MWN: I guess we can jump right into questions about your new album which is entitled: The Blackberry Train. Where did the name of the album come from?
James McCartney: A dream. Literally a cartoon train was coming down a mountain from left to right. It had blackberries as tender in the carriages. It’s also a lyric at the end of ‘Paralysis’, which is a song off the album.
MWN: This album is put together so well. All the instruments sound so clear, the sound flows beautifully. I saw you had the chance to work with Steve Albini who has worked with Nirvana and other great artist now including you he actually engineered the album how was it working him?
James McCartney: It was great. It was all very matter of fact. Quite clinical and sterile in a good way. The sounds felt as if they were Prison Sounds which was a little scary but Free in a way. The sounds were very good. And felt very good. He helped me re-assure myself that the decisions are up to me. Notebooks. Individual. Personal.
MWN: For this album in particular. What did you pull from to write the material? (Was it more personal or did you have inspiration from other things).
James McCartney: Mainly words. Singular and plural. My journal, diary. It was more personal. I drew from personal experience. But there is an element of imagery to me and pure fiction. ‘Unicorn’ is obviously mythology but again there are elements of fragmented, refracted words, in my opinion.
MWN: I feel like as creators we learn certain things about our craft and identity as we work at something for long periods of time. With this album what is one think you feel you learned about your sound? Did you experiment in any ways?
James McCartney: I experimented in all ways and will continue to do so, specifically, more with cool amps and blending. More electrically. With Feedback! Emotional sounds. But also keeping it simple and just doing it.
MWN: Speaking of sounds. What would you say is the boldest thing you have done in terms of sound?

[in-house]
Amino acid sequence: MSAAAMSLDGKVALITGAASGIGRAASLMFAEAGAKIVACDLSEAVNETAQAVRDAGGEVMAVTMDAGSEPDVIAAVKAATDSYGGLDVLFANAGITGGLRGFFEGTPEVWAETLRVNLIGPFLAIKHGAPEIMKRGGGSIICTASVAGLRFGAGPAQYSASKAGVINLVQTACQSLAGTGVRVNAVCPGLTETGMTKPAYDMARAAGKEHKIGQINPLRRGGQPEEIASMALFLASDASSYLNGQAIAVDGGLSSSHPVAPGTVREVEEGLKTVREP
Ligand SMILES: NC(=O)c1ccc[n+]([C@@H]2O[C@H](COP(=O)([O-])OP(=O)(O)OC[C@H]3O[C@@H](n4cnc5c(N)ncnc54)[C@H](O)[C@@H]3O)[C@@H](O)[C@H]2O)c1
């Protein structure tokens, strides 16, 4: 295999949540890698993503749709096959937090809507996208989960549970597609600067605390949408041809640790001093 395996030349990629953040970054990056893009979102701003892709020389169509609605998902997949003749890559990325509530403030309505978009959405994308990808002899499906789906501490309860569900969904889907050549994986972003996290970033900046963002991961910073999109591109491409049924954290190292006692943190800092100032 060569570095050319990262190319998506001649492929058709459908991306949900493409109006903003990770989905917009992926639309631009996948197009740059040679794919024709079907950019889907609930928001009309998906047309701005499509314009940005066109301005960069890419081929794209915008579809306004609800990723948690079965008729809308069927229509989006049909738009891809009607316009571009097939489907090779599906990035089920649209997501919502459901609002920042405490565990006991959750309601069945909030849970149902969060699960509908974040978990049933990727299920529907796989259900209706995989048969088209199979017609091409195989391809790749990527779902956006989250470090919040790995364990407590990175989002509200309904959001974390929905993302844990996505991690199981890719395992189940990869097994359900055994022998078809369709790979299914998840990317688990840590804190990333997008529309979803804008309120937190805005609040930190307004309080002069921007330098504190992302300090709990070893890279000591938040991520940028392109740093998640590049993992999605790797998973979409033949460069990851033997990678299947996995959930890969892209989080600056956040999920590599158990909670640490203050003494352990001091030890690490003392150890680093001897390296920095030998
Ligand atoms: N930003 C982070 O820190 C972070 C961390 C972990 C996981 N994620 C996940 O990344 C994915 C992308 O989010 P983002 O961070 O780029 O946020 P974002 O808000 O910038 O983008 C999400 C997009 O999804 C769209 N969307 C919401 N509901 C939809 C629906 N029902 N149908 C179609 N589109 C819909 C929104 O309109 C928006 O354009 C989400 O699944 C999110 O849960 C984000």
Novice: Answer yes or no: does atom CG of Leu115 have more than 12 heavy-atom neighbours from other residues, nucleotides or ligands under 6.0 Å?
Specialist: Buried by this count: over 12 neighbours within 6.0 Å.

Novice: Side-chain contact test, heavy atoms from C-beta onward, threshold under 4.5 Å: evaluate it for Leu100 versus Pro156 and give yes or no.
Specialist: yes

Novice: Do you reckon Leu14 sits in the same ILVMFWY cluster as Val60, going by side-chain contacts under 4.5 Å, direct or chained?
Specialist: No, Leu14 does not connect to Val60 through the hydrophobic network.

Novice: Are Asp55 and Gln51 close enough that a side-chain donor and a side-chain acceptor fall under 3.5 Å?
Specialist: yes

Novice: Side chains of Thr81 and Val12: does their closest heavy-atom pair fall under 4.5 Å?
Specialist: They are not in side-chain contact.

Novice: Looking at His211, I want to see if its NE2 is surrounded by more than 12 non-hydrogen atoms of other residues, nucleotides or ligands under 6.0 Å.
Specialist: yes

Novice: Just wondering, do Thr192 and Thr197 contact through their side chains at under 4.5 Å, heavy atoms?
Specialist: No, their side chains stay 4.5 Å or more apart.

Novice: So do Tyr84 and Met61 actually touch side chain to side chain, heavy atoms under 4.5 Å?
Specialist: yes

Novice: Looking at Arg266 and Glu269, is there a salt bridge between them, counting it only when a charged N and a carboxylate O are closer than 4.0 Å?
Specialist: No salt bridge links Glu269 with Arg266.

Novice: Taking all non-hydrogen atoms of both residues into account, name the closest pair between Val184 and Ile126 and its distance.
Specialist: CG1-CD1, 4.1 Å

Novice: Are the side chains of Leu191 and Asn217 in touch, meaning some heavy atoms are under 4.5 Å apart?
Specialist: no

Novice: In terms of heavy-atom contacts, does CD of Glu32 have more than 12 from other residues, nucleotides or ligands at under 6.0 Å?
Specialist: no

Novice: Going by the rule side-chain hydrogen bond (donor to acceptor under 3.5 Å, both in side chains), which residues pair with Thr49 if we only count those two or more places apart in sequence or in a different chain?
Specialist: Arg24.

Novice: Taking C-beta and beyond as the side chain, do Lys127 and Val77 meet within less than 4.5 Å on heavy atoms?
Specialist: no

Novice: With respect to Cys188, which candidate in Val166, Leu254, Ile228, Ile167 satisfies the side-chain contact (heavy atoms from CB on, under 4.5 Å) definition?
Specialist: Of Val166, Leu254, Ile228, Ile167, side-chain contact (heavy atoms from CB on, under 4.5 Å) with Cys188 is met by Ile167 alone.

James McCartney: Probably being minimal with sound. Less is more. Being sparse. Trying too hard to be desolate. Contrast.
MWN: I know sometimes musicians grow fond of instruments such as a certain guitar and they pretty much use it throughout the entire record. Was this the case in this record? Has it ever been in the past?
James McCartney: Not really. Funny you wrote that ‘cause I kind of wished it had been more the case with this record. So in other words, no. Neither in the past, in all honesty. Partially. But not totally. No.
MWN: This is always a hard question for me to ask because I am very undeceive person, but one of my favorite songs off the album is “Prayer.” I think it is a beautiful romantic song and your vocals are spot on with the melody in the background. I particularly like how it starts off with the guitar alone, then your vocals get added, and then the other instruments. What was the inspiration behind this song?
James McCartney: It’s basically a love song. The inspiration behind the song is it being a love song that has all connotations. So not relating to one individual romance, but all. Being in love. A unique, personal thing. A song meant for every way of looking at it.
MWN: Also with all that in mind what would you say your favorite sort of love song is?
James McCartney: Conventionally: Consoling, re-assuring, fun, up-lifting ones. Unconventionally: Not songs at all but more sounds of life and nature.
MWN: I feel like sometimes certain songs resonate with us more than others. For you which song off the album is your favorite to perform live?
James McCartney: ‘Ballerina’. Because it’s melancholic yet hopeful.
MWN: I know you are embarking on a tour in the states. How do the crowds differ from Europe to America?
James McCartney : It depends where in Europe. The UK is smaller, totally different, more cynical, steeped in history. More blanker. More open. The United States of America is warmer, but I prefer to focus on the similarities. So, to summarise Europe and America are different crowd wise by Europe being more cynical and America being more open-minded. The similarities would be people who want to learn and experience.
MWN: Let’s do a few fire round questions! Who was your inspiration growing up?
James McCartney: Myself. Everyone. All wise people. Friends I connected with. The idea of Native Indian elders and Spiritual people. Kurt Cobain.
MWN: What is one of your favorite songs at the moment?
James McCartney: I don’t really have one but one of them would be ‘Peace In Mississippi’ by Earth, maybe. From the past that is. Currently ‘Snakes Vs. Rats’ by The Bug and Earth.
MWN: If you had a chance to perform with any artist dead or alive who would it be and why?
James McCartney: Robert Johnson, because I love the blues.
MWN: What is your favorite cover art of a record?
James McCartney: The front cover of ‘Seventeen Seconds’ maybe by The Cure. Again, I don’t have a favourite but in all truth ‘Abbey Road’ by The Beatles. But all The Beatles cover Art for me, were equal and the best!
MWN: Finally as we come to the end of this interview. I would like to thank you once again for taking the time to answer them. Lastly, I like to end on thanking. So what is one things you want to say to those who have stuck by your side and supported your music?
James McCartney : Learn.